a ﬁnite set of states, 2 is the alphabet for strings, 6 is the state
transition function from Q X E to Q, 110 is the initial state in Q,
and F is a set of ﬁnal states in Q. M accepts a string alumna"
where each a; E E if and only if there exists a sequence of states
qo,q1,...,q,, such that q, = 6(q,_1,a,) and (1,, e F. The set of
strings accepted by lid is called the language of M and will be
denoted by For examples M =({qo.q1,qzyq3,q4.qs,L},{0.1}.6,qo.{q5})
accepts {010, 110, 111}, where 6 is deﬁned as 6(qg,0) : (11,
6010.1) = 412, 6(qii0) =J—i 6011.1) = as, 5(qziﬂ) =i, 6(q2,1) =
q4, 6013.0) = qs, 6013.1) =L. 601470) = qs. 6014.1) = qs,
6(q5,0) :1, 6(q5,1) =l, 6(l,0) :l, and 6(1,1) =1. 1 is
called a sink state. The representation of 6 as a directed graph
is shown in Figure 1. The sink state is not shown in the ﬁgure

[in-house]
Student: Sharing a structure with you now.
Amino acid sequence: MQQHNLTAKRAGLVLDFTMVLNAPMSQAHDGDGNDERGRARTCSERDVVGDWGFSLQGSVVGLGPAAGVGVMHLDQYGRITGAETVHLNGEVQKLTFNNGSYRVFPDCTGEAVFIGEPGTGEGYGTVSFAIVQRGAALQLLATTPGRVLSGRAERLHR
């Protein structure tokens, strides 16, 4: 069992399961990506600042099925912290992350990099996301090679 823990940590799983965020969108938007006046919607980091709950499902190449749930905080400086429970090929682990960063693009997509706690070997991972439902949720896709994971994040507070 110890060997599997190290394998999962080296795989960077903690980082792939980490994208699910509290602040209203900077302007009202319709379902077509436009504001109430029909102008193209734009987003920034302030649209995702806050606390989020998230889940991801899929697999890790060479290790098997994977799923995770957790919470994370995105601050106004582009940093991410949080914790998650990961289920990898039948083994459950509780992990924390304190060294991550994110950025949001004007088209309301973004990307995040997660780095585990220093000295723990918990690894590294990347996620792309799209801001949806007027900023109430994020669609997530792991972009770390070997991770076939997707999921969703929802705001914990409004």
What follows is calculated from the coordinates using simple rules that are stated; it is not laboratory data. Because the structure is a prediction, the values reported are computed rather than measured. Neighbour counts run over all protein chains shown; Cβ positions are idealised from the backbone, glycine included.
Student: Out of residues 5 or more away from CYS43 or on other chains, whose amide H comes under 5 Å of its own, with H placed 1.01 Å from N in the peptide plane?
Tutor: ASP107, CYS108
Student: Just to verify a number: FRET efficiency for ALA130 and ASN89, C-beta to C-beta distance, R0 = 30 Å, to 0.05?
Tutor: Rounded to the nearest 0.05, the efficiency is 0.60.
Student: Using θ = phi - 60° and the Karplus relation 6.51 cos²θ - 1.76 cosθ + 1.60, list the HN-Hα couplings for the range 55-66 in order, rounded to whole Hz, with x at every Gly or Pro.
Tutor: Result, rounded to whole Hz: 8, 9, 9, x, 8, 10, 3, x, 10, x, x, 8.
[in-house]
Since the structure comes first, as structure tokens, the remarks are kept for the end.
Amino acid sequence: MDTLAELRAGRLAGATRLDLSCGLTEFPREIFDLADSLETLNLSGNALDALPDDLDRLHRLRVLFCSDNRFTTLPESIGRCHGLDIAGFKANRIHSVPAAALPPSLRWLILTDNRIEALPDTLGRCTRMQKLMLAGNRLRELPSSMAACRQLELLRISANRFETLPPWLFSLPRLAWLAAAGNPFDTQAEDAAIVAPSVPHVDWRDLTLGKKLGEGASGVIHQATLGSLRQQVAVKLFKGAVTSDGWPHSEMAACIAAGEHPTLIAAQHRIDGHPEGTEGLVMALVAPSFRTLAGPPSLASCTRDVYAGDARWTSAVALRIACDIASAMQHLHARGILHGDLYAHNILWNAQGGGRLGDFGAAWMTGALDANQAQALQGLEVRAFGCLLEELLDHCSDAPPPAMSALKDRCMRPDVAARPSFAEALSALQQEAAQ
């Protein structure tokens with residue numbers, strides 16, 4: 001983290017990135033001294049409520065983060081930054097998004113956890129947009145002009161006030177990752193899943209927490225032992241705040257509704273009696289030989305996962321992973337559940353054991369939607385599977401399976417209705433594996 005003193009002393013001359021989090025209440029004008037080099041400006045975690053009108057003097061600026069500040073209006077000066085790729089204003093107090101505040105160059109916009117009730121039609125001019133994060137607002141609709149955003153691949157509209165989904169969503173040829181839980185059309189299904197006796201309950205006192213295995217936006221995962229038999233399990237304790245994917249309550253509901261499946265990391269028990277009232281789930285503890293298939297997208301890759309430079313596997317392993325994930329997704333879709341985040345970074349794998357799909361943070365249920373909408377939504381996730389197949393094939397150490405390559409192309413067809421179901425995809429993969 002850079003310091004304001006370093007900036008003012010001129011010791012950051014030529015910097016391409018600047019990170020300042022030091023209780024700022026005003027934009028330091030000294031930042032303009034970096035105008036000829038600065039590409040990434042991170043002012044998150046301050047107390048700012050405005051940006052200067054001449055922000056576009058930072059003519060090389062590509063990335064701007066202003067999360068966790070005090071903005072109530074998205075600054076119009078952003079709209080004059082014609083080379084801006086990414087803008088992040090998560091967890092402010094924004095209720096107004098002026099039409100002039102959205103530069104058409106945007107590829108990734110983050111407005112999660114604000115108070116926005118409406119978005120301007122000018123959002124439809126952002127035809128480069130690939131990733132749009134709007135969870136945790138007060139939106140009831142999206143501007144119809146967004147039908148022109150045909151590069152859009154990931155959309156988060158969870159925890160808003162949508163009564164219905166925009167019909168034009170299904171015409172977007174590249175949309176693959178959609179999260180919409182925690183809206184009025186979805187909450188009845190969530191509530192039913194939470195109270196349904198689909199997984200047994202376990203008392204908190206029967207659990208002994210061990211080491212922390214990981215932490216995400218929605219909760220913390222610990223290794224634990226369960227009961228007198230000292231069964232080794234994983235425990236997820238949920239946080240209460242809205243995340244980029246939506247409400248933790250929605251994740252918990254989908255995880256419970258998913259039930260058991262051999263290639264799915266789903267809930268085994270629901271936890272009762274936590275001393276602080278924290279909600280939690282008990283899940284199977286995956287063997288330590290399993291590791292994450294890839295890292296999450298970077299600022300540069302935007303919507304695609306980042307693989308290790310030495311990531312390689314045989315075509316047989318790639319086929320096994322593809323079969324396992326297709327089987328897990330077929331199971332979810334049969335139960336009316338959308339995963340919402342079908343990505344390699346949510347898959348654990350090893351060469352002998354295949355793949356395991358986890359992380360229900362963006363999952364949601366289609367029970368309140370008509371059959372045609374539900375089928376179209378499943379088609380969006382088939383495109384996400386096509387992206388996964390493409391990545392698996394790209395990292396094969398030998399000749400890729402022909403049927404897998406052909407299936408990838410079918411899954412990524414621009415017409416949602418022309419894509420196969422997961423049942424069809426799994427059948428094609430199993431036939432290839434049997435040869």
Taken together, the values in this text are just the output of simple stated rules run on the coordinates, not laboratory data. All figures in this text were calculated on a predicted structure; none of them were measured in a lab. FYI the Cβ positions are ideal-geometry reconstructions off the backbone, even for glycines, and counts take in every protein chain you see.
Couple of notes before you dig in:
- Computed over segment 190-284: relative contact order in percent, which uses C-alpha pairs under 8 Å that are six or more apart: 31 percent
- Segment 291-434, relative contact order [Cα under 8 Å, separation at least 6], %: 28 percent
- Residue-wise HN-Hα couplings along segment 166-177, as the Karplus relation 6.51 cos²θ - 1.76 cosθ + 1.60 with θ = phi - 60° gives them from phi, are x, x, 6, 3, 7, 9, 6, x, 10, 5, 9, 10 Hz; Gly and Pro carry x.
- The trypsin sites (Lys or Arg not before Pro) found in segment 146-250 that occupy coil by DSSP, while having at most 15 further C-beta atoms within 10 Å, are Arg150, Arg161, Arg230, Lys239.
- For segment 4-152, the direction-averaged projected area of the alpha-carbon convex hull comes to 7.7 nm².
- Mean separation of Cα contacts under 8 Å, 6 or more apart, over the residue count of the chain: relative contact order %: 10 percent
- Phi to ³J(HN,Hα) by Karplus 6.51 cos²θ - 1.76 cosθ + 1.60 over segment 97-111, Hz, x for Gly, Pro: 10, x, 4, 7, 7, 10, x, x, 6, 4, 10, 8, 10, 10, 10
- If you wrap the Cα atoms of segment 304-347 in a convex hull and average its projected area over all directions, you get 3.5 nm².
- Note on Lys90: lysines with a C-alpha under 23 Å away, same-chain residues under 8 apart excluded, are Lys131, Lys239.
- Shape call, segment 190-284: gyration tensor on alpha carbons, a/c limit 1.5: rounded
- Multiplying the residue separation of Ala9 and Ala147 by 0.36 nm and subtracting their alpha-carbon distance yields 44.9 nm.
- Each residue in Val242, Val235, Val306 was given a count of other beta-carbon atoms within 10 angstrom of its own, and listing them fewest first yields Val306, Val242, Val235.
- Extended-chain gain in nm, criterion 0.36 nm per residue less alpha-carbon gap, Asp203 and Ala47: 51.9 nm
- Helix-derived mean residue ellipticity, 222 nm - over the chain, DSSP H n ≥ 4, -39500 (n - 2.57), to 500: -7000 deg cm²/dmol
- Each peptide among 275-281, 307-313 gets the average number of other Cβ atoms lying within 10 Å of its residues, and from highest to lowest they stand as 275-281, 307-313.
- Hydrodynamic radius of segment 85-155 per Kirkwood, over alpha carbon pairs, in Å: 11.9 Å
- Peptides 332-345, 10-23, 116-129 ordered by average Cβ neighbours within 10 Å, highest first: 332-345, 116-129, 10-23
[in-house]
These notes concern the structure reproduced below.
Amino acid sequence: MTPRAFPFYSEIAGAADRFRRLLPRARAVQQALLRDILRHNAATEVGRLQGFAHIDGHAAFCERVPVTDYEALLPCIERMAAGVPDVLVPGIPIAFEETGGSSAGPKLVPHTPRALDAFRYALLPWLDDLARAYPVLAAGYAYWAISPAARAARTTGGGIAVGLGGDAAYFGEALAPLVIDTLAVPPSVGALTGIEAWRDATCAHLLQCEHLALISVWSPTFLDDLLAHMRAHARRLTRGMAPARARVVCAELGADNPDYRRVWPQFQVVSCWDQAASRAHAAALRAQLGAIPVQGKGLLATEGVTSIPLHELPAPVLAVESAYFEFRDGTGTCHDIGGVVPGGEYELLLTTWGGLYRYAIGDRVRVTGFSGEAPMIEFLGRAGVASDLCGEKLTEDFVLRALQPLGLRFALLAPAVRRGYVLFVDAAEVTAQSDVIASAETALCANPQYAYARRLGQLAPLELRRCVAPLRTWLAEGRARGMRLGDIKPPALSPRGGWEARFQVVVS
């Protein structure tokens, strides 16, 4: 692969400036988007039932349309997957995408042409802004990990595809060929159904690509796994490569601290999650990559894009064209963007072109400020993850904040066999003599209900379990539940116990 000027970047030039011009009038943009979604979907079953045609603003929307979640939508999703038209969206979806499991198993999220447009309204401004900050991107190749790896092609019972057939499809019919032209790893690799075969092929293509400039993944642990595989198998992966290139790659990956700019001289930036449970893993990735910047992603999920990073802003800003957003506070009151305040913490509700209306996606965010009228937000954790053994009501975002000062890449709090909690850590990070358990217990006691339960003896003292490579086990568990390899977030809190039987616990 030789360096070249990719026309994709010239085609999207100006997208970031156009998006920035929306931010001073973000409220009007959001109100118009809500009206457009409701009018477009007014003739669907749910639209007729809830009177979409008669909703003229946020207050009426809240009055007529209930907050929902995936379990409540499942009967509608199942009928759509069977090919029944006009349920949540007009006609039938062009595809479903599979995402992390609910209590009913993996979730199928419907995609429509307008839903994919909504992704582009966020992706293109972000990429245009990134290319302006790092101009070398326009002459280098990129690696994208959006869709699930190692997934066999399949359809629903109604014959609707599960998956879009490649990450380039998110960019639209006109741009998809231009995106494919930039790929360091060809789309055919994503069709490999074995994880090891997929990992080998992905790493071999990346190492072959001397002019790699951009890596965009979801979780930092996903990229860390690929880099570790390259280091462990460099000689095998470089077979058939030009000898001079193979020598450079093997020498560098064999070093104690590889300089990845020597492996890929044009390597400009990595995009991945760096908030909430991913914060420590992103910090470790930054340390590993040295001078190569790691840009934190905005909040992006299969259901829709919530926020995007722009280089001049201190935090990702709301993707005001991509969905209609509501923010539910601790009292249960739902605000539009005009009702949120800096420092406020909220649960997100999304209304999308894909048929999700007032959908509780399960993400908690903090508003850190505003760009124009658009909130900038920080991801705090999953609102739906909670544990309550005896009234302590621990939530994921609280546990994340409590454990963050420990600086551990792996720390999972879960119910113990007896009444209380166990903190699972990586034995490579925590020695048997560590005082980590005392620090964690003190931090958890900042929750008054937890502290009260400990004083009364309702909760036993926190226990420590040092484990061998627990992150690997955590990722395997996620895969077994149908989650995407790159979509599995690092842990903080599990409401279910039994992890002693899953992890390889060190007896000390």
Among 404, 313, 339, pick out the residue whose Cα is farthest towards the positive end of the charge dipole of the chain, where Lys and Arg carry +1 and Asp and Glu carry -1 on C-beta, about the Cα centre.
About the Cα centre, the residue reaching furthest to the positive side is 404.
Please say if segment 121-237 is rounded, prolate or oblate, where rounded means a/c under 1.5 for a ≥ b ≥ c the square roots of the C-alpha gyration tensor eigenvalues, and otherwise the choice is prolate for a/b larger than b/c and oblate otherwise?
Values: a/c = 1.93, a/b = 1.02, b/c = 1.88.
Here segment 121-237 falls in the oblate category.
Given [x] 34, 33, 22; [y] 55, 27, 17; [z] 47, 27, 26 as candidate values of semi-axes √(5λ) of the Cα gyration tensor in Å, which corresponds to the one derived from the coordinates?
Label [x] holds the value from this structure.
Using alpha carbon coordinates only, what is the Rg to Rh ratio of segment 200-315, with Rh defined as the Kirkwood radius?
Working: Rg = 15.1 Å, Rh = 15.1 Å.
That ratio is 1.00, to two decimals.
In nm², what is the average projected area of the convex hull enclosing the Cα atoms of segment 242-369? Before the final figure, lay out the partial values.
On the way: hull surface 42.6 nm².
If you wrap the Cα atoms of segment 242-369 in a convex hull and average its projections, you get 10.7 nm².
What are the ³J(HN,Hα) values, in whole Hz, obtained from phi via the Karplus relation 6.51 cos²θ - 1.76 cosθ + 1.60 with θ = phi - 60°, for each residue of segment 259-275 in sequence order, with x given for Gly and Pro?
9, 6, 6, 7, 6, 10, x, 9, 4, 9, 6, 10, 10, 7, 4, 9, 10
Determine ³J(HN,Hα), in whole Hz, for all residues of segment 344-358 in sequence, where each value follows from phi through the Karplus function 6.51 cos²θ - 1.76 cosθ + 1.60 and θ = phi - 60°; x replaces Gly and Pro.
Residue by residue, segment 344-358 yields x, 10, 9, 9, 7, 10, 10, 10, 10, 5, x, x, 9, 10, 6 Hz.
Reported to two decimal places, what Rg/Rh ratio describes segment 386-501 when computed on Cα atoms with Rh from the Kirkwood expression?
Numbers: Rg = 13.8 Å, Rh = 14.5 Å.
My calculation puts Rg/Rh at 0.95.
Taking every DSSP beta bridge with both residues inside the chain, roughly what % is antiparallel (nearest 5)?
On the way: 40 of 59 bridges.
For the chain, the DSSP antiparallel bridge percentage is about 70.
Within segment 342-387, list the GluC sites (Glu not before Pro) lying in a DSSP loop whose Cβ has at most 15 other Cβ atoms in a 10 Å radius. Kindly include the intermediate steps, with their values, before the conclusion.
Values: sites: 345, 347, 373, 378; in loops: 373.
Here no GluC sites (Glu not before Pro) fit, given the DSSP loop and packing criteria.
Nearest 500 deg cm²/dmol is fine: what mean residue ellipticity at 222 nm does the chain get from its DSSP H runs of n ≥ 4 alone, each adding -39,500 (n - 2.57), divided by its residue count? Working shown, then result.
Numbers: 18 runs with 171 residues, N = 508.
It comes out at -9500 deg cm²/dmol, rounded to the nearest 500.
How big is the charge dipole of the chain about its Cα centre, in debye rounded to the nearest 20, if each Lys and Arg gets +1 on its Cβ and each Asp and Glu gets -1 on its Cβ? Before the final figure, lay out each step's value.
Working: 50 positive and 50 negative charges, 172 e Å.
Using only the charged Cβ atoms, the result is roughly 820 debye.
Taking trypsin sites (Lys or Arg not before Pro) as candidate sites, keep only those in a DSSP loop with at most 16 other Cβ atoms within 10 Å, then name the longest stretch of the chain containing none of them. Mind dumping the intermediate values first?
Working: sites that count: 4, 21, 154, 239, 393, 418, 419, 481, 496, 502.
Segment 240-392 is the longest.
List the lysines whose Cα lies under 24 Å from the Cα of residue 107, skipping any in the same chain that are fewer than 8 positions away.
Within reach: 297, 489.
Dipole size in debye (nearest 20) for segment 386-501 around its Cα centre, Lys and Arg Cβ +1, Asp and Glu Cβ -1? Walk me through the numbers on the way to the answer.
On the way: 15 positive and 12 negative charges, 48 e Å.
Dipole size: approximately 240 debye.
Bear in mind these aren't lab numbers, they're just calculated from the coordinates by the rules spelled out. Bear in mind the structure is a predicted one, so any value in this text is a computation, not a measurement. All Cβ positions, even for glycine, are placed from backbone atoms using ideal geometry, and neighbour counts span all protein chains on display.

for simplicity. A Boolean function f with n—variables is a function from
{0,1}" to {0,1}. The set of elements in {0, 1}" for which f
is 1 can be used to represent f. If we associate the 7i~tuple (a1,
a2, ..., (1,.) with the string alaz...a,,, then each set of n~tuples
from {0, 1}’L will correspond to a set of strings over S = {0,1}
with length n. This correspondence allows us to associate a ﬁnite
language contained in 2” = {0, 1}" with each n variable Boolean
function f. Since all ﬁnite languages are regular, there is the minimal ﬁnite automaton accepting the language corresponding
to f. The minimal automaton provides a canonical form for f:
two n—variable Boolean functions will have the same minimal au»
tomaton if and only if they are logically equivalent. Since each
node in the statetransition graph for a Boolean function will
have at most two successors (one for each value of )3), we can
View this graph as a binary decision diagram for the function. For example, a binary decision diagram in Figure 1 represents
f(z],zg,x3) : (all A I2 /\ 13) V (r; A $2), the one in Figure 2
represents fu (11, ...,r,,) = 1 for all inputs, and the one in Figure 3
represents f(:t1,...,r,,) : xi. (Ii—2